Results of the VARCOMP procedure (Table 2) revealed that in the range of parameters values used in simulations, variation in outcrossing rate was the most important factor influencing the physical organization of the domestication loci on the chromosome (71.5% of the variance explained), while migration rate explained only 7.4%. The effect of both factors on the percentage of parental gametes produced is shown in Fig. 4. An increase in effective migration rate tended to favour clustering of domestication loci, i.e. an increase in the rate of parental gamete production. Figure 5 illustrates the range of combinations of domestication loci that were selected from all possible combinations for different values of outcrossing rate. We find that combinations generating high values of rate of parental gamete production were preferentially selected in allogamous but not in autogamous plants. However, standard deviations on the rate of parental gamete production were high, particularly in allogamous plants (Table 3).

Table 2.   Percentage of variance on the rate of parental gamete explained by each factor (population size, migration rate and outcrossing rate). Thumbnail image of
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Figure 4.  Impact of outcrossing and migration rates on the rate of parental gamete production. The lower the outcrossing rate and the lower the migration rate, the lower the proportion of parental gametes.

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Figure 5.  Largesse of the simulated genome and its use by the sieve process as a function of outcrossing rate. The largesse of the genome illustrates the fact that a high number of loci (25) can equally contribute to a given domesticated trait. To estimate the potentiality offered by the largesse of the simulated genome, we calculated the rate of parental gamete production by all potential hybrids heterozygous for four loci, each one coding for one of the four traits. The distribution represents the frequency of the proportion of parental gamete production. The sieve operates by selecting particular genetic combinations of loci from all possible combinations. 95% range of variation and mean value of the rate of parental gamete production for each condition of outcrossing rate (1, 0.2, 0.02, 0.01) are indicated on the figure.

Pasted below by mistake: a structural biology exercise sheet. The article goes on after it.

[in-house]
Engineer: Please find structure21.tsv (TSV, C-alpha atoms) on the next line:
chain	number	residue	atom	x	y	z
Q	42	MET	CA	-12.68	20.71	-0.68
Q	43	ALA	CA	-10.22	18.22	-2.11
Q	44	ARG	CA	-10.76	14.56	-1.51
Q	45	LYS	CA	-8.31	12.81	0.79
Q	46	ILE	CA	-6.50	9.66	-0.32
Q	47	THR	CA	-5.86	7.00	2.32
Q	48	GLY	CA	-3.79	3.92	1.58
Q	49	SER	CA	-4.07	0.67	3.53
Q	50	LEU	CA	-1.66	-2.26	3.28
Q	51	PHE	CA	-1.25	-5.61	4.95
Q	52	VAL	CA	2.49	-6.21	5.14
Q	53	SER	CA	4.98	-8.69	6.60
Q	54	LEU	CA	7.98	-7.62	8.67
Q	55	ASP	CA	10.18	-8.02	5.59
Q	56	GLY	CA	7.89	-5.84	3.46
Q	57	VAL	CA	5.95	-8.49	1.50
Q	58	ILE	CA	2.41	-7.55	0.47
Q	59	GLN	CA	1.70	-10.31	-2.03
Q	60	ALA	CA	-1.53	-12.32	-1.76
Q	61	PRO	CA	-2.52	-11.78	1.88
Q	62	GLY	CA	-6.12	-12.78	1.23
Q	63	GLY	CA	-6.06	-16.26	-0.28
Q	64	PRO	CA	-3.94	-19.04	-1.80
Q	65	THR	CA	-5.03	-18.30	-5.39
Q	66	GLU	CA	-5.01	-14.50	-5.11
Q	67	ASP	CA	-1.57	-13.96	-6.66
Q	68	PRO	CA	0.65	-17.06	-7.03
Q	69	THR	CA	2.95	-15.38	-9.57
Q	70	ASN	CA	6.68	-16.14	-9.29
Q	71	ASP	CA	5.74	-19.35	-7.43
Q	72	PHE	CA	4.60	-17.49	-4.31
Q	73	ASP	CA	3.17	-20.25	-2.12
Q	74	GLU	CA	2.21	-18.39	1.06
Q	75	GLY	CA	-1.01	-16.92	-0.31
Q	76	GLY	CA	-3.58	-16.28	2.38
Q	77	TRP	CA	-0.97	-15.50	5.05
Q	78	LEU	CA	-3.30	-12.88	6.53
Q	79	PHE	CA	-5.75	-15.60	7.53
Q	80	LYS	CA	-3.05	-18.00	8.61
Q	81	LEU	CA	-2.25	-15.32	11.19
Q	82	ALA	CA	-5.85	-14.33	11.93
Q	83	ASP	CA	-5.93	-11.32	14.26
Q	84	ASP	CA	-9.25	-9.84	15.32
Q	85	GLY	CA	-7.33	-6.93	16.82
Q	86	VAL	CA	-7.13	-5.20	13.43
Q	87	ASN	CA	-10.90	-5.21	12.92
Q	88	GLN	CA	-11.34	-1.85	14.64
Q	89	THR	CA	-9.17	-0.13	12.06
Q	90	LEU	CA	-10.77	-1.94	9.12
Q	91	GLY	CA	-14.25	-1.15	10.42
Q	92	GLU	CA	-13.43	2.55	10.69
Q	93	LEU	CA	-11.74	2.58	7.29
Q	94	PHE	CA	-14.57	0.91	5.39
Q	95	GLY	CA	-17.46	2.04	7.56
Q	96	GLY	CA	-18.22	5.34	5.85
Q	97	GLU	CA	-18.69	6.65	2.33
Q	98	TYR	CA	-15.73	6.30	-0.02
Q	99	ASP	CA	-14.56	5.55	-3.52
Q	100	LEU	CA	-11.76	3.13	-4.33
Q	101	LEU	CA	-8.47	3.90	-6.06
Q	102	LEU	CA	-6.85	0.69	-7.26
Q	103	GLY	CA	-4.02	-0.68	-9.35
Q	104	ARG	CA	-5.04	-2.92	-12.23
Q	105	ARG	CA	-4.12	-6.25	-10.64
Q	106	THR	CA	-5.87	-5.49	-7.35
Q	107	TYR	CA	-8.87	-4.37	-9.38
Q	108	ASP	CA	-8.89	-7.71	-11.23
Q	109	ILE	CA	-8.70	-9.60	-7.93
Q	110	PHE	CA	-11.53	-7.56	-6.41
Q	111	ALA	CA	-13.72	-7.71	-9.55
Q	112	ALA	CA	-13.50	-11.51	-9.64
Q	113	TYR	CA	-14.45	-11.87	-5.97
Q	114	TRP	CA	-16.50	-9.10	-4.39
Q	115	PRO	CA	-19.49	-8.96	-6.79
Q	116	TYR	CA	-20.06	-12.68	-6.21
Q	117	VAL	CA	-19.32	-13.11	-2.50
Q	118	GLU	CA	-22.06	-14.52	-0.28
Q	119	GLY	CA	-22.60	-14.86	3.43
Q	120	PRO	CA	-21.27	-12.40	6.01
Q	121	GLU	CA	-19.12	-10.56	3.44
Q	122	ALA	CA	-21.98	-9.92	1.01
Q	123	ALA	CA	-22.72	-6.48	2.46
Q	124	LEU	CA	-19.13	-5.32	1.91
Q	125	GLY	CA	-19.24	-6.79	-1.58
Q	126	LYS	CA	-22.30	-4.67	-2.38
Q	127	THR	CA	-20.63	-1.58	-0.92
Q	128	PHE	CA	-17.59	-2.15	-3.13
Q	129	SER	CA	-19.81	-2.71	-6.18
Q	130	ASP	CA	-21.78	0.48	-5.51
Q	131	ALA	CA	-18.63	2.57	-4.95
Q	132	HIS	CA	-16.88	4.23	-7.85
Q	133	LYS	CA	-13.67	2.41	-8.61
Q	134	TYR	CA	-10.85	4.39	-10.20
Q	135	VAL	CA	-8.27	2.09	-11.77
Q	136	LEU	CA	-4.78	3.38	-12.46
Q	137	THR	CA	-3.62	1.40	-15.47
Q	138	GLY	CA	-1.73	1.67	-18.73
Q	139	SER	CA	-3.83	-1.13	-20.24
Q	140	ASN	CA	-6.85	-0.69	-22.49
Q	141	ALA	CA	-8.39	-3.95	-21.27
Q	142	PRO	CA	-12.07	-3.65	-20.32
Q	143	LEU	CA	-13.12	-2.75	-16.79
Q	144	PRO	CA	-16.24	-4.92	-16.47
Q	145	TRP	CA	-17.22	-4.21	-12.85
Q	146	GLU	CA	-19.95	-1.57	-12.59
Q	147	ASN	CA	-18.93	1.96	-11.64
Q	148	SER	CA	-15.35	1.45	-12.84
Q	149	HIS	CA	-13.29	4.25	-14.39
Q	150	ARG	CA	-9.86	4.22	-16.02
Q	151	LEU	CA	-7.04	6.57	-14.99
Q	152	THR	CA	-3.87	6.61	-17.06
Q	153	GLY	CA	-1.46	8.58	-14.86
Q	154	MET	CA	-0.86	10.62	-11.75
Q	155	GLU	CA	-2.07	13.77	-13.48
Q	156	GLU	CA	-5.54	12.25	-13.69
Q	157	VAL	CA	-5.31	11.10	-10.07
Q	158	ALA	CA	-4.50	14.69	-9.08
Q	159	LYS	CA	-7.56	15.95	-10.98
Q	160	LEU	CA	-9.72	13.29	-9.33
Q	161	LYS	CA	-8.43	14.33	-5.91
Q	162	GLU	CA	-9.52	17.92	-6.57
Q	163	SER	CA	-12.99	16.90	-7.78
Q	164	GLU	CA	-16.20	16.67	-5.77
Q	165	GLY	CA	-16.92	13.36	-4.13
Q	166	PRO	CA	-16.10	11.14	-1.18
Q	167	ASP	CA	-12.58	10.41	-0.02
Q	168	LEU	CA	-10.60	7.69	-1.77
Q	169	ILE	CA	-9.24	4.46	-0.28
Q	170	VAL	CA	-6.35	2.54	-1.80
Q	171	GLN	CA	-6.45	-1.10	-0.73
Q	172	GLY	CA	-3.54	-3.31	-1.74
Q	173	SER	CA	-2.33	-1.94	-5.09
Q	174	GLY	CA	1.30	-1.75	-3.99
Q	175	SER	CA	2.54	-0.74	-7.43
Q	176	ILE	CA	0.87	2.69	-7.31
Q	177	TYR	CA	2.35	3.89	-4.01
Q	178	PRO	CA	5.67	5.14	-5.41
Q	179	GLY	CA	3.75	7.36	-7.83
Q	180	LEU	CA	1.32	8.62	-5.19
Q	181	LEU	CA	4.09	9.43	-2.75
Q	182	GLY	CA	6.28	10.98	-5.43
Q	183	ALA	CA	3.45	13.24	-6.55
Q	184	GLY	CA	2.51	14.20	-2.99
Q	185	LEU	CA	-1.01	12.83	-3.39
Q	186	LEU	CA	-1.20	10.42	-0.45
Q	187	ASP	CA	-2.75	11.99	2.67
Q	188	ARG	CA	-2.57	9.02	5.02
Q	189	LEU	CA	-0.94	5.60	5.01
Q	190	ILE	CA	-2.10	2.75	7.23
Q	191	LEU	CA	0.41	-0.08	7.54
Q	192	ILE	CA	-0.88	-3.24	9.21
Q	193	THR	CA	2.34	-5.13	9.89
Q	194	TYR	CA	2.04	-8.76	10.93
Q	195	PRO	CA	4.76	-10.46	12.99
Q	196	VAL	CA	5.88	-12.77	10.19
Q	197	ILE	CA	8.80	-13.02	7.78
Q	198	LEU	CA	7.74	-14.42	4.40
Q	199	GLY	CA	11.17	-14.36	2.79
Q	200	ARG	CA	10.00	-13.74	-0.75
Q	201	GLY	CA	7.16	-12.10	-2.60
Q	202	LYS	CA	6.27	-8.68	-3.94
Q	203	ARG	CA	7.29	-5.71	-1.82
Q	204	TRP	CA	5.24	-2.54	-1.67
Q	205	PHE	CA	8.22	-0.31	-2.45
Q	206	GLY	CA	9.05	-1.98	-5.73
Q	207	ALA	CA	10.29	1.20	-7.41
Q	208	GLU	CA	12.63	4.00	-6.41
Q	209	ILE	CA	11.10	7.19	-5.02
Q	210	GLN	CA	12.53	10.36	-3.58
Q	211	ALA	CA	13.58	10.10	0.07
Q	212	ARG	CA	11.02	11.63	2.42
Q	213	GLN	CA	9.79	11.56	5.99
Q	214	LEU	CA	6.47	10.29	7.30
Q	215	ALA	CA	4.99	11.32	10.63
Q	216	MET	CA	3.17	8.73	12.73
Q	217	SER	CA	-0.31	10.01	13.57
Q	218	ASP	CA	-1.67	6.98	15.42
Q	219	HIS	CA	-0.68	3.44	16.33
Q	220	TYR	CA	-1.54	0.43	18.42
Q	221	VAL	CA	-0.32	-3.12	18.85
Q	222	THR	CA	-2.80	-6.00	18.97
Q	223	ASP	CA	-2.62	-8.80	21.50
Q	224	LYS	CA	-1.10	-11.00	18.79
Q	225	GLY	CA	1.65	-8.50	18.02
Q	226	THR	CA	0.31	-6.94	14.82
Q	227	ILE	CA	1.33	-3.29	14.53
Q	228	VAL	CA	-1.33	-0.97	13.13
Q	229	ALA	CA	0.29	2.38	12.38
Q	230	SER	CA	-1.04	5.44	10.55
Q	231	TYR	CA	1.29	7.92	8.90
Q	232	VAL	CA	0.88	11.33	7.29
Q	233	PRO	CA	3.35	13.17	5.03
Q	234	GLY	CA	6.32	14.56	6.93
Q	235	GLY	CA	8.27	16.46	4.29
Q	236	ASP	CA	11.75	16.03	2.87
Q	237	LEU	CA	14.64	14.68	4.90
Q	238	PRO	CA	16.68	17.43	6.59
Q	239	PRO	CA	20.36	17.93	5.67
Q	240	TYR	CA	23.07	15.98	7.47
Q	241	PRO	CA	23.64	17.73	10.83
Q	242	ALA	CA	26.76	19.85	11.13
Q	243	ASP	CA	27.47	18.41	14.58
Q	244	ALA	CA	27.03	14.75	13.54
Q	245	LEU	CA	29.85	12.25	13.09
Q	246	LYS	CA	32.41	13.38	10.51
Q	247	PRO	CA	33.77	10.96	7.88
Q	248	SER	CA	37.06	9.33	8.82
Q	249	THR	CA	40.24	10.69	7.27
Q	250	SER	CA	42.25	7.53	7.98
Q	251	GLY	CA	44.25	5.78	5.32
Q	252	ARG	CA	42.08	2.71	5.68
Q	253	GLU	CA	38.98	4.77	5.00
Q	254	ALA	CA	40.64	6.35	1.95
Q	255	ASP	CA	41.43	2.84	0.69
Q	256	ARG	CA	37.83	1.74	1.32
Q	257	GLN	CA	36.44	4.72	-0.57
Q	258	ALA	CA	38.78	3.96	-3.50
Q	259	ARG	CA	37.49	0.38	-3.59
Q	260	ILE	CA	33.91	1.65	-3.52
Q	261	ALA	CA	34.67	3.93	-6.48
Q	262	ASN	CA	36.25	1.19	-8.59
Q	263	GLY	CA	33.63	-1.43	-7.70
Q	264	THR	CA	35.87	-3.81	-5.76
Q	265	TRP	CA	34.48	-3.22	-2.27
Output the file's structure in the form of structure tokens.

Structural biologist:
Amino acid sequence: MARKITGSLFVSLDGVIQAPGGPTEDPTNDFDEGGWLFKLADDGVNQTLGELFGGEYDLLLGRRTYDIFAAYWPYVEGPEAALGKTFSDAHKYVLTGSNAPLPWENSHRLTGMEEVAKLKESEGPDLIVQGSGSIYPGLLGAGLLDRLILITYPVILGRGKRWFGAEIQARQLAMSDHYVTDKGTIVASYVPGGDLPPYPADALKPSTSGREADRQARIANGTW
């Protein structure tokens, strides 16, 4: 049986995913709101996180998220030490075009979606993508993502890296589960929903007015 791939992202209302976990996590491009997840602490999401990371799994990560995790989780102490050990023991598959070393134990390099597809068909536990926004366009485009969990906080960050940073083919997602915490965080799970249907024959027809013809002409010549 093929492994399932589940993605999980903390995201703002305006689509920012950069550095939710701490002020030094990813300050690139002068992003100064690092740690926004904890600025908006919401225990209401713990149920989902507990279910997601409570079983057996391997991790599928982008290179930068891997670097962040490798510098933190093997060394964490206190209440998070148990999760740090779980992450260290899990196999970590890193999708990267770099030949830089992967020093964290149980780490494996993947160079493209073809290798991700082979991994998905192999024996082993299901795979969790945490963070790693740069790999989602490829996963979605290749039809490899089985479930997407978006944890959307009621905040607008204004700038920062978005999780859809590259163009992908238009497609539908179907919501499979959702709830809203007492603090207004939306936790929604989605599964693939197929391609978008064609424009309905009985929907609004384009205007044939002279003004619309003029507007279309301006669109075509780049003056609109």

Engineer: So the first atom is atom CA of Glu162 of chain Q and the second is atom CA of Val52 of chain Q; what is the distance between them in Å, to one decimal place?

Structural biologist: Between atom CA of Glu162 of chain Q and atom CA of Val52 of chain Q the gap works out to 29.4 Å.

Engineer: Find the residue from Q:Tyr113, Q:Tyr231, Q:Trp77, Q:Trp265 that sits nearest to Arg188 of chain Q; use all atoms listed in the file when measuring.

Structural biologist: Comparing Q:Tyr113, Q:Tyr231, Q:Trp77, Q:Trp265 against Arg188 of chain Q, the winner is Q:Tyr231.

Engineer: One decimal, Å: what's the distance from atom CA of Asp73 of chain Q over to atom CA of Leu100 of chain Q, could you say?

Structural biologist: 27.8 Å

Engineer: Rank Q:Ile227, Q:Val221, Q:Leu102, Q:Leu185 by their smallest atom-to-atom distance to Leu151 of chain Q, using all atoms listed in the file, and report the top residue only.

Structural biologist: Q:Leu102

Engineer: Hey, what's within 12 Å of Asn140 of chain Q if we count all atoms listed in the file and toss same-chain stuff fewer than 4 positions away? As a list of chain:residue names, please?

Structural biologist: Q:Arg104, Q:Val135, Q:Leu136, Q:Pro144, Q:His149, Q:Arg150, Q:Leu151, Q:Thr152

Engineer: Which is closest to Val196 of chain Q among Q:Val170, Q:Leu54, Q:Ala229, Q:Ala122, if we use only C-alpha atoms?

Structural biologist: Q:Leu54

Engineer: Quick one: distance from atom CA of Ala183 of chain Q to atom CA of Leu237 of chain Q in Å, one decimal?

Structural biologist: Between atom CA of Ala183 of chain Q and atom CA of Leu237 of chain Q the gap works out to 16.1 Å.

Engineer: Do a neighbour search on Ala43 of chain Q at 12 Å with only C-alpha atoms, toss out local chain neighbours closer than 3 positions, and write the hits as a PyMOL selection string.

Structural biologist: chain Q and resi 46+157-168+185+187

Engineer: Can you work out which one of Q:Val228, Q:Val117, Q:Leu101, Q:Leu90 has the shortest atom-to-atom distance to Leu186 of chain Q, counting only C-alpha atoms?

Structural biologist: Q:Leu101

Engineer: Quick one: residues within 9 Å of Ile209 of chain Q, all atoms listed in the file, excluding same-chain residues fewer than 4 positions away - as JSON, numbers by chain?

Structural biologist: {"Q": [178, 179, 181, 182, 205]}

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Table 3.   Standard deviations on the rate of parental gamete production. Thumbnail image of

Discussion

  1. Top of page
  2. Abstract
  3. Introduction
  4. Model
  5. Results
  6. Discussion
  7. Conclusion
  8. Acknowledgments
  9. References

Domestication success

The time necessary to reach the equilibrium was influenced by the initial conditions. As we chose a high initial frequency of cultivated alleles (5% at each locus), we could infer that we gave under-estimations for the mean time necessary to reach the equilibrium (MT). MT should then be interpreted as a relative measure of domestication time for the different parameter values such as outcrossing rate.

The time necessary to reach the equilibrium was largely influenced by reproductive mode (Table 1). This was mainly due to strong differences in homozygosity depending on the outcrossing rate. At the beginning, all individuals homozygous for at least one of the domesticated traits were selected in the cultivated population. In autogamous plants, the proportion of heterozygotes decreased by half at each generation, a fitness value of 1 was rapidly reached ( Fig. 2) and all individuals acquired a cultivated phenotype. In contrast, in allogamous plants, the maximal fitness value was never reached because effective migration continuously introduced wild-type alleles from the natural population. Therefore, domestication in autogamous plants may be faster than in allogamous ones, as demonstrated in a one-locus model by Hillman & Davies (1990).

For small population sizes and high migration rates, only two or three domesticated traits were retained and individual plants did not acquire the complete cultivated phenotype. This suggests that the domestication process that produced today’s cereals could be more efficient in a single population under favourable conditions, namely either large or isolated, at least temporarily, from wild-type relatives. Alternatively, independent domestication events may have occurred in different places, resulting in fixation of only some of the domestication loci. Hybridization between populations carrying fixed domestication loci, coding for different traits, could then have lead to the acquisition of the complete domesticated phenotype as proposed by Sharma & Waines (1980).